Bi-Weekly Sexual Freedom Newsletter
Wednesday, March 17, 2021
Top Stories This Week
1. Abortion access during the pandemic;
2. Trans crowd funding and desirability;
3. Post-pandemic child care;
4. Family detention;
5. Emergency contraception;
6. The fight for free time; and
7. Education in prison.
As the Pandemic Raged, Abortion Access Nearly Flickered Out (The Nation)
Amy Littlefield explores COVID-19’s impact on abortion access: “Abortion access was in crisis in the United States before the Covid-19 pandemic. In many states, getting an abortion can involve waiting periods of up to three days, unnecessary visits to a clinic, counseling sessions rife with false information, trips of hundreds of miles, and bans that force patients to raise hundreds of dollars. When Covid and the ensuing economic recession hit, each unnecessary trip or encounter with staff became an additional infection risk, and many patients faced these barriers with fewer financial resources than ever.” Read more.
Tender Judging Care: #TransCrowdFund and the Politics of Desire (Bitch Media)
Oliver Haug writes about trans crowd funding and desirability: “GoFundMe is perhaps the epitome of the late-stage capitalist solution to a fundamental healthcare problem—a solution patched with rosy stock photos of beautiful people, a cutesy Band-Aid on a gaping wound that’s suffered worst by those who are already existing at the intersection of multiple oppressions. Operating at the crossroads of social media and money, it represents salvation for the small percentage of its users who meet their goals—but offers a dangerous pitfall by linking survival to social capital.” Read more.
After mass closures, too little support, post-pandemic child care options will be scarce (The Hechinger Report)
Lillian Mongeau focuses on child care during and after the pandemic: “Among child care centers that have remained open, 81 percent enroll fewer kids today—half as many in some states—than they did pre-pandemic, according to a survey of more than 6,000 providers conducted by the National Association for the Education of Young Children (NAEYC), a professional organization for early educators. [...] To survive with fewer tuition-paying families and expensive new pandemic safety guidelines, 42 percent of child care providers surveyed by NAEYC in November had taken on personal debt, often on credit cards. Providers say they don’t know how long they can hold on.” Read more.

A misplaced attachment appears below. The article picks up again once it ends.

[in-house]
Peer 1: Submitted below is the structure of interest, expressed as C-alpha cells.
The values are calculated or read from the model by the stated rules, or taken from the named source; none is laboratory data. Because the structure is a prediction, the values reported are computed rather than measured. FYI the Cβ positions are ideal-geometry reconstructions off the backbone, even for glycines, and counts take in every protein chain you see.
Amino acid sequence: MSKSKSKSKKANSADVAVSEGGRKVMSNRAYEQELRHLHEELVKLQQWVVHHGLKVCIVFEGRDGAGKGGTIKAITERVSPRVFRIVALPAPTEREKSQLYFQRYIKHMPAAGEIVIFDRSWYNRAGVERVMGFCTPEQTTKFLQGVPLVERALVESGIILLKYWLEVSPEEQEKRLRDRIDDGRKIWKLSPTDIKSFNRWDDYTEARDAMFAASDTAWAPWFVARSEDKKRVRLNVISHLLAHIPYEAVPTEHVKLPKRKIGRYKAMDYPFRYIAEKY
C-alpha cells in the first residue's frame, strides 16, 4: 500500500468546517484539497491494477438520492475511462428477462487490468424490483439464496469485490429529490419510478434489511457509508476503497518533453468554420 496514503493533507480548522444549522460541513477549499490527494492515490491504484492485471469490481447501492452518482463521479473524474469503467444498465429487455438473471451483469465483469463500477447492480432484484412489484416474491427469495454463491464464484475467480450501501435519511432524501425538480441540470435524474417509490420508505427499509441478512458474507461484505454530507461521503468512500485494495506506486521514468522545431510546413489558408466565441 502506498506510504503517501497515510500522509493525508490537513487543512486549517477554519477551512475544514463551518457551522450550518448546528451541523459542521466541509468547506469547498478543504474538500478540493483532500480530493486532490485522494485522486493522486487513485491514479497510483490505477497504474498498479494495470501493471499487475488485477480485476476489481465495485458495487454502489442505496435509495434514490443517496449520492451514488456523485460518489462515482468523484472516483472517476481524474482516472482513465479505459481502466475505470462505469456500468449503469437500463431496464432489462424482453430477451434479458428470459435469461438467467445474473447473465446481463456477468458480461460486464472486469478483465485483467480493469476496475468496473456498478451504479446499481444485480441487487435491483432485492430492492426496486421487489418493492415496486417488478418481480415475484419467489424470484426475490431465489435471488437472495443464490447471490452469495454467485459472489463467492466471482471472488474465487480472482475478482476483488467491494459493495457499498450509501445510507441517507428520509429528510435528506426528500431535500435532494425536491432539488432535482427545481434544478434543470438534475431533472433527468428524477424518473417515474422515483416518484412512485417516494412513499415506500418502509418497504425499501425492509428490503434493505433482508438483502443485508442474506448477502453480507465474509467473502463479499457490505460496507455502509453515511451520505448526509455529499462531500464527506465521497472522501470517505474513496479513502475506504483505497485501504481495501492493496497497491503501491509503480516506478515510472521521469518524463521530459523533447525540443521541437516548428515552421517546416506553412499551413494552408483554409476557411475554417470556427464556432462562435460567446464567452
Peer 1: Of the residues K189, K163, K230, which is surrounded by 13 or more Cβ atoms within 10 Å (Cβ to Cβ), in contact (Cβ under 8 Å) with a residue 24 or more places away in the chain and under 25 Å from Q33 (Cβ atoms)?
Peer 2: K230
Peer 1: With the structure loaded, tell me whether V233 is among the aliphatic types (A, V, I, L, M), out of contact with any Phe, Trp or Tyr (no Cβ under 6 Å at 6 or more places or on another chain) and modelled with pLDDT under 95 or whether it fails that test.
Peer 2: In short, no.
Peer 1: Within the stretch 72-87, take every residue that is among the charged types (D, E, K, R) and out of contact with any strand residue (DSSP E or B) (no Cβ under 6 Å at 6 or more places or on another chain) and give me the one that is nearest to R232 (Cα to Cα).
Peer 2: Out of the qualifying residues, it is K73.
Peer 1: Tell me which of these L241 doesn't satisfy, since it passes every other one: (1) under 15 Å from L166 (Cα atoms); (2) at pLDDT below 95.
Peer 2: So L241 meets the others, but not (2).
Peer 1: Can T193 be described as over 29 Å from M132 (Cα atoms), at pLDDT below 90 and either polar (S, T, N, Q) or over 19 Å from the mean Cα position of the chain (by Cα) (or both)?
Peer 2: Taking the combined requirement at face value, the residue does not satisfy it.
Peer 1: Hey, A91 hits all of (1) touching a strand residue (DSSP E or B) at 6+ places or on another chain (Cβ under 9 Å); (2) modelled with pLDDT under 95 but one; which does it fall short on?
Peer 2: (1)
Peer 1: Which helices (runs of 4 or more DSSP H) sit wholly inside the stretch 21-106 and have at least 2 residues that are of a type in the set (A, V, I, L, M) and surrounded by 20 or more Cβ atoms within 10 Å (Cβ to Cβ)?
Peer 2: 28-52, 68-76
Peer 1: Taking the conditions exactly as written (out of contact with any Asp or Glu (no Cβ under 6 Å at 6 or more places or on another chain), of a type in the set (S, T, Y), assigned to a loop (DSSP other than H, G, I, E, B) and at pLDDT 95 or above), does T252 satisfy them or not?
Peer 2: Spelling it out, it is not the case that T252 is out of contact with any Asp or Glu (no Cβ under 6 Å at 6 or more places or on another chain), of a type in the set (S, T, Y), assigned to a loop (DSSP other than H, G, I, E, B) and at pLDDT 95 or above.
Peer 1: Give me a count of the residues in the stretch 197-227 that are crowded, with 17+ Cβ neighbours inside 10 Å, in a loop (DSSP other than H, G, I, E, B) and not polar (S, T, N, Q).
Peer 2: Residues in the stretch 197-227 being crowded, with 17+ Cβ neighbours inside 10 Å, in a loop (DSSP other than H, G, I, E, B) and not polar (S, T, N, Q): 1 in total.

Biden’s Plan to End Long-Term Migrant Detention Does Not End Family Detention (Truthout)
José Luis Granados Ceja argues that Biden plan to end long-term migrant detention will not end family detention: “The Biden administration’s plan to rebrand family detention facilities as “reception centers” as part of sweeping changes to the United States immigration system is drawing a mixed response. Migrant justice organizations welcomed the efforts to end long-term detention but warned that without making the policy permanent, a shift in political winds could mean the eventual return of family detention.” Read more.
Emergency Contraception Is Having Its Moment (Rewire News Group)
Jessica Sanders shares information about a new form of emergency contraception: “It’s been over a decade since I’ve needed to navigate the economic, logistical, and stigmatizing barriers to access emergency contraception. Today, a better option is finally available—one that I wished for when I was in my 20s. It is my hope that this new information will reach the people who might need it and empower them to ask about the hormonal IUD for emergency contraception.” Read more.
The Fight for Free Time Is a Feminist Issue (Jacobin)
Margaret Lee and Jamie McCallum write about caregiving work: “The work of caregiving is invaluable—and so we simply do not value it at all. Caregiving is indispensable to society. Without it, ‘the economy’ as it is typically conceived, would cease to exist. The labor of health care workers, hospice aids, and day care and childcare workers, has allowed more of us to stay alive this past year and go to work. Yet capitalism’s drive to undermine those who do essential care work—both paid and unpaid—is constant.” Read more.
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